Yesterday was a big day in both the US and in Albania, and I thought it was funny that the names are Black Friday and White Night (which is also odd in its own regard, not to be confused at all with “white knights”). In fact there were two big celebrations here in Albania this past week that coincided with the American Thanksgiving holiday. On Thursday the country celebrated 101 years of independence and on Friday, it celebrated Liberation Day, also known as “White Night”. This holiday celebrates the day in which Albania was liberated from Nazi Germany during WWII in 1944, just before the start of Communist Rule. While the exact date is sometimes disputed, there are widespread celebrations each year to commemorate freedom and independence on both the 28th and 29th. One of the things I enjoyed most about the weekend’s celebrations was the nightlife, as it is customary for bars, clubs, museums, and restaurants to be open all night on White Night. Yesterday proved however, that I’m not a partier like I was in college and I like sleep a lot more now than I used to.
In addition to these celebrations, I have noticed more Christmas decorations than ever here in Tirana. A brand new Christmas tree and ornaments store just opened up near my apartment, complete with a large Santa Claus reindeer display on its roof. The market behind my house is also decked out for Christmas. This is a new and growing trend in Albania. Albania is a mostly Muslim country, but there large numbers of Orthodox and Catholic communities. Under communist rule, the Party attempted to rid the country of any holiday celebrations, especially those linked to Western Culture, and Christmas was among these. Instead, the leaders emphasized the importance of New Year’s Day, and people decorated for New Year’s. Even today this is the bigger holiday here and it’s the time of year when people have family & friends over, exchange gifts, eat lots of good food (like turkey), and of course there is the world’s biggest fireworks show in Tirana. After all, there aren’t any rules against them here. All this being said, there seems to be more and more people celebrating Christmas here, or at least adding Christmas decorations to their houses and stores.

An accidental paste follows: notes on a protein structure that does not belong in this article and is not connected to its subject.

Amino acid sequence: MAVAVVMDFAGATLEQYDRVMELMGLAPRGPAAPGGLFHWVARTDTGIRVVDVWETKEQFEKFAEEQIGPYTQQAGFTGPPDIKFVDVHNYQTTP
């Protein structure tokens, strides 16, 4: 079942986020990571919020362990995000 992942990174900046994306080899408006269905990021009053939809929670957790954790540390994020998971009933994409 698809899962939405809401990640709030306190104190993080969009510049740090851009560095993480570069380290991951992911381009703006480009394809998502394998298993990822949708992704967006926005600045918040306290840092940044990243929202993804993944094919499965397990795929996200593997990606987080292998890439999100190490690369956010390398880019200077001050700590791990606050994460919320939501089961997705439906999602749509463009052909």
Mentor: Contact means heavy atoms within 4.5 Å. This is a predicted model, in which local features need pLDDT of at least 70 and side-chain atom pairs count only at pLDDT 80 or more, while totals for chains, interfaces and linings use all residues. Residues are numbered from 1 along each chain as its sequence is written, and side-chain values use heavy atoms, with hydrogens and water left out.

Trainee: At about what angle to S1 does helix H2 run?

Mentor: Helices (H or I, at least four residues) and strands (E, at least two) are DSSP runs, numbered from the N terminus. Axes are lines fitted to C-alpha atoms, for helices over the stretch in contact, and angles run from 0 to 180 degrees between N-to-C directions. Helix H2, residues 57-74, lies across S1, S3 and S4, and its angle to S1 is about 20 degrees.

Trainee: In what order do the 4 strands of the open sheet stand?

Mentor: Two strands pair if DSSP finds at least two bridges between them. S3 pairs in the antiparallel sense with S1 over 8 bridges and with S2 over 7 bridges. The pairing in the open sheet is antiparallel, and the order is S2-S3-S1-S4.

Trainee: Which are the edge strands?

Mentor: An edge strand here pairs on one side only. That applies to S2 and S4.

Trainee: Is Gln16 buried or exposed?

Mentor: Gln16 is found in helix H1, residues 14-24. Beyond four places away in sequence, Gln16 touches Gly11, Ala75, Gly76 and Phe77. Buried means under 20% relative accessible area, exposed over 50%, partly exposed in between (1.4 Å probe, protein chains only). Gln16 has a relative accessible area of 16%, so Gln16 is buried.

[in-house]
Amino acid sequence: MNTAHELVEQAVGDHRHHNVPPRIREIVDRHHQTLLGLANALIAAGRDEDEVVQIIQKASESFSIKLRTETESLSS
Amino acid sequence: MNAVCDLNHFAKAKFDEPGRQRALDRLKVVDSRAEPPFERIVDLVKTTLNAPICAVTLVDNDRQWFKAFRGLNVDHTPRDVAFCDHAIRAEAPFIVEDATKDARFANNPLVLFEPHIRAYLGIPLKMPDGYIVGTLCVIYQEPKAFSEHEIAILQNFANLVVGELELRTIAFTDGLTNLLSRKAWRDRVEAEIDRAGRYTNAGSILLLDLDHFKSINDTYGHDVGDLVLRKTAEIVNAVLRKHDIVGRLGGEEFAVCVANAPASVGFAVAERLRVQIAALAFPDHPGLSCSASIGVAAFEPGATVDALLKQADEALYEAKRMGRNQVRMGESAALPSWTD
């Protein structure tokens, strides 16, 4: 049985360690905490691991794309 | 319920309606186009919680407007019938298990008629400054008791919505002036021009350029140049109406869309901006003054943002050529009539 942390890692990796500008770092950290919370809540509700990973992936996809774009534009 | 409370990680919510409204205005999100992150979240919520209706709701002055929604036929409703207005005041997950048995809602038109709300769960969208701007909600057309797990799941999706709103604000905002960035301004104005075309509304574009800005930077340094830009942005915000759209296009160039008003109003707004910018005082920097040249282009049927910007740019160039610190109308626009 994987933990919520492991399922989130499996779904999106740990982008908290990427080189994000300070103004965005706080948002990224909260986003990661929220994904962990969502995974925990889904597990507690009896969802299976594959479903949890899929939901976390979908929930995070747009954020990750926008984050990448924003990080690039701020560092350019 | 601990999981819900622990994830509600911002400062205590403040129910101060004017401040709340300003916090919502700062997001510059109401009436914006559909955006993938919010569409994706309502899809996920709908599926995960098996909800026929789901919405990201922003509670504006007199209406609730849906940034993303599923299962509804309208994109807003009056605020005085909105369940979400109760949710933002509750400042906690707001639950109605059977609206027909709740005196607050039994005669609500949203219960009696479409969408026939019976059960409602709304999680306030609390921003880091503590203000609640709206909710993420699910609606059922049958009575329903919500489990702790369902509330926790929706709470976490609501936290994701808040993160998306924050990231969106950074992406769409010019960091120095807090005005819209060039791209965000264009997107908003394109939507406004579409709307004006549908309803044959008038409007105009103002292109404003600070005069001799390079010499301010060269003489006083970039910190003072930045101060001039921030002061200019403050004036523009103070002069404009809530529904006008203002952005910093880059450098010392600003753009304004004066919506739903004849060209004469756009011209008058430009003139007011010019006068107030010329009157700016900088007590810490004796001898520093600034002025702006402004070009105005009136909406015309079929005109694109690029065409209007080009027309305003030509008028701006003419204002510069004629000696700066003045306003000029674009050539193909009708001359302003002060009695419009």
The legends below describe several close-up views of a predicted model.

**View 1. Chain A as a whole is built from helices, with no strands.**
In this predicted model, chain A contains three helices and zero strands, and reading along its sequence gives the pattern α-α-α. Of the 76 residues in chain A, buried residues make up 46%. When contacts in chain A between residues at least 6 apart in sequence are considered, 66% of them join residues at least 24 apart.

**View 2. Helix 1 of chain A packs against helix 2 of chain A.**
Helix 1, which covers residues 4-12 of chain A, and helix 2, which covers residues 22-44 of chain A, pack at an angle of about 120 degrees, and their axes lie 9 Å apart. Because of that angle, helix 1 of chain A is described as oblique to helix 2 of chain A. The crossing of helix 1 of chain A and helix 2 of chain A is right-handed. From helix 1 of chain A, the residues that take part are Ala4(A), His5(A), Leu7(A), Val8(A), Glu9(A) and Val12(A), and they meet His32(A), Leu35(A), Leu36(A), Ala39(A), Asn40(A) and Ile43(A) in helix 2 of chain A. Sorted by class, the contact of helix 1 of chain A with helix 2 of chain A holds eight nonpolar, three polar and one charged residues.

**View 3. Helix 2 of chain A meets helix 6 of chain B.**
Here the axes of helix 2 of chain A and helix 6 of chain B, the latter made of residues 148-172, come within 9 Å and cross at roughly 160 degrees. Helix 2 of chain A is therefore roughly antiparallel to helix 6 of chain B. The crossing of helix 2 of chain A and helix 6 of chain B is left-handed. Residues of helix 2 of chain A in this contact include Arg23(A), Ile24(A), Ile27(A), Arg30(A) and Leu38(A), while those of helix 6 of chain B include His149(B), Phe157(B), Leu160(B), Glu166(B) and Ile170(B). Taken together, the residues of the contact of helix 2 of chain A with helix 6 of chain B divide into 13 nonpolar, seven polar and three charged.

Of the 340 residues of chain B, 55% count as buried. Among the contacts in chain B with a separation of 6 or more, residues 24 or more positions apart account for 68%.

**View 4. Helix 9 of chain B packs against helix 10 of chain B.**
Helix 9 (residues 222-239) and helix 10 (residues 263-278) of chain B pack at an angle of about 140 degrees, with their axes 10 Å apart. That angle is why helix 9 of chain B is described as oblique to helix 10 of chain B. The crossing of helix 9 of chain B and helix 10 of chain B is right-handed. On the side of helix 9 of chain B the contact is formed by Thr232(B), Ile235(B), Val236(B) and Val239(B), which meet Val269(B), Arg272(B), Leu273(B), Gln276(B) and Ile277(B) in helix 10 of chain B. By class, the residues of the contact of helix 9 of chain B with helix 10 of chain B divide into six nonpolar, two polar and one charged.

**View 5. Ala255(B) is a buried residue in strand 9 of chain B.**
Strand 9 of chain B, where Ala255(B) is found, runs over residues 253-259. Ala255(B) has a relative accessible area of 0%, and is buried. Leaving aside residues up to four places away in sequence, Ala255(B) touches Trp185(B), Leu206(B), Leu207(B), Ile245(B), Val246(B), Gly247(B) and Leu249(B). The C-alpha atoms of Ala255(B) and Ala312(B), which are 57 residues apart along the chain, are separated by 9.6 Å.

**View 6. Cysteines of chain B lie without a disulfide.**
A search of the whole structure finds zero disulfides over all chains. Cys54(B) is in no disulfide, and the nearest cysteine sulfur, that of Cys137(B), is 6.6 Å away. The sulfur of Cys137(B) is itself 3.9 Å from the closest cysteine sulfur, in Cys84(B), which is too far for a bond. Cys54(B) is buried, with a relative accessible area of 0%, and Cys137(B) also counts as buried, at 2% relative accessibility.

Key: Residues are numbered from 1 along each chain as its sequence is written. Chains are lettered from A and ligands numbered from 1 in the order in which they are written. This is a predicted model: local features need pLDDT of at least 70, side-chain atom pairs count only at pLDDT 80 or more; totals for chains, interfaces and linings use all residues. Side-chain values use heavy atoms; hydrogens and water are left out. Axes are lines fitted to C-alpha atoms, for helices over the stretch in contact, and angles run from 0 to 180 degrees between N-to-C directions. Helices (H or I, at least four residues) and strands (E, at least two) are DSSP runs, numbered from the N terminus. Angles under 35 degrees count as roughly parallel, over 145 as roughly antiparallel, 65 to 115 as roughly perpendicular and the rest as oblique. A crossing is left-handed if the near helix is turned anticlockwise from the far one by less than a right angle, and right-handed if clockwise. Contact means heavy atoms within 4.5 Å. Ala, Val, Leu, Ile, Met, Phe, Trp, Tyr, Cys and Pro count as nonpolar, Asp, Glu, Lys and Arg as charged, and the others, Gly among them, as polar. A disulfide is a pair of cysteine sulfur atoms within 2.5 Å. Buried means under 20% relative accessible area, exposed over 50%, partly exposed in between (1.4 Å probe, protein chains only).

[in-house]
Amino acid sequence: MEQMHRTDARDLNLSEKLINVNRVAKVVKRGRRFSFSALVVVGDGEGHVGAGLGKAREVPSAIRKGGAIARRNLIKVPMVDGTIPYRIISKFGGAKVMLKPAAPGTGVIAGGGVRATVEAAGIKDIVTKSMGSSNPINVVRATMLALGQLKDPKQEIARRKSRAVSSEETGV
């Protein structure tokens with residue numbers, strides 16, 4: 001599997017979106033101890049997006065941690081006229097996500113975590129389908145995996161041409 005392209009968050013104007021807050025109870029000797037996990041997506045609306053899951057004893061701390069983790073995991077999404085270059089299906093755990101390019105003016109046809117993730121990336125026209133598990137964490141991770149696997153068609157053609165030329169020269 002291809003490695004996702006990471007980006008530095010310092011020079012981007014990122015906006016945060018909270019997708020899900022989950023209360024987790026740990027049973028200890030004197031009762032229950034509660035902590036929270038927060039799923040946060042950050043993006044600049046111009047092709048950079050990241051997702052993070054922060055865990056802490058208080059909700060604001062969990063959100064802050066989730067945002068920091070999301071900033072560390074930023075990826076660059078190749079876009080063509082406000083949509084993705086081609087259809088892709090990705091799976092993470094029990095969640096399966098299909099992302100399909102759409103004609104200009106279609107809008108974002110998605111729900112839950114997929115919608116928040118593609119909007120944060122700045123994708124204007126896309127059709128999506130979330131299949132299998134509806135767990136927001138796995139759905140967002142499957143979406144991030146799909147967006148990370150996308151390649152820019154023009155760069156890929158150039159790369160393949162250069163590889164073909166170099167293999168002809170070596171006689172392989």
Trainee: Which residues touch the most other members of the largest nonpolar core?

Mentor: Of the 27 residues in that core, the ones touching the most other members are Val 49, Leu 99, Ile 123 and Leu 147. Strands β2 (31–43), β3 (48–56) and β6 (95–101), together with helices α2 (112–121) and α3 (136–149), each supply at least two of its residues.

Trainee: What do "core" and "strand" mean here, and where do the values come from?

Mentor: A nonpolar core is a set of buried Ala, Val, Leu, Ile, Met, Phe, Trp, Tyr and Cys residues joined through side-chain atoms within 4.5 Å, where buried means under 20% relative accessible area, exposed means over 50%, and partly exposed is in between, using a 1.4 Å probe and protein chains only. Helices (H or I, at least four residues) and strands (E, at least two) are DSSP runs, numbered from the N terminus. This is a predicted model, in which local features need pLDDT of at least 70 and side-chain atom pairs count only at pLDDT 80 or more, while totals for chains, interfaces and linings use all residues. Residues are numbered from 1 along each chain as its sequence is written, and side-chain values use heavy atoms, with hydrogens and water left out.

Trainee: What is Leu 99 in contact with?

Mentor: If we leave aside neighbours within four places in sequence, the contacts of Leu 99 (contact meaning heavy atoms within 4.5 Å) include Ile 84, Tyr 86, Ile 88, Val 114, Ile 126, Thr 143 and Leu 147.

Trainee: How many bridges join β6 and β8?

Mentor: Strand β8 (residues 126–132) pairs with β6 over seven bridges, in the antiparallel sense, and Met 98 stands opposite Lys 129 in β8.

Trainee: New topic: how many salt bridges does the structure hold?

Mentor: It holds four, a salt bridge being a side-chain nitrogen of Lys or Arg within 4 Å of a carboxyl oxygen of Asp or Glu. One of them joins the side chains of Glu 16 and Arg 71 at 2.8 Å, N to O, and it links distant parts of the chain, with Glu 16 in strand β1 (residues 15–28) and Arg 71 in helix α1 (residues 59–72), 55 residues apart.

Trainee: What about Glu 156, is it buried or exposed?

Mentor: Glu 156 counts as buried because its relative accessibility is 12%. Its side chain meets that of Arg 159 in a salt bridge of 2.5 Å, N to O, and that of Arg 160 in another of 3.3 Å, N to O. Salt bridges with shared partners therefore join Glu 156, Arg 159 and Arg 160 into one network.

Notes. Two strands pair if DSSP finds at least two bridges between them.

One thing I have always liked about November 28 and 29 is being able to attend these celebrations with Albanian- Americans in Houston, TX. I have gone to two celebrations and have always been welcomed to enjoy the festivities and work on various projects related to my dissertation. One year I made a very short film about the Albanian-American community there and their various experiences from Albania and Kosova. I even got men to sing and play Albanian music on camera. While my filming and editing skills were not very good (and still aren’t), the group was wonderful and have always been helpful when it comes to my project. Believe it or not, I met a family there in 2010 and then ran into the father and his cousin here in Tirana just a couple of months ago. I had answered an ad about an apartment and they were landlords. Small world!
All in all, for everyone celebrating during this holiday season, Gëzuar Festat!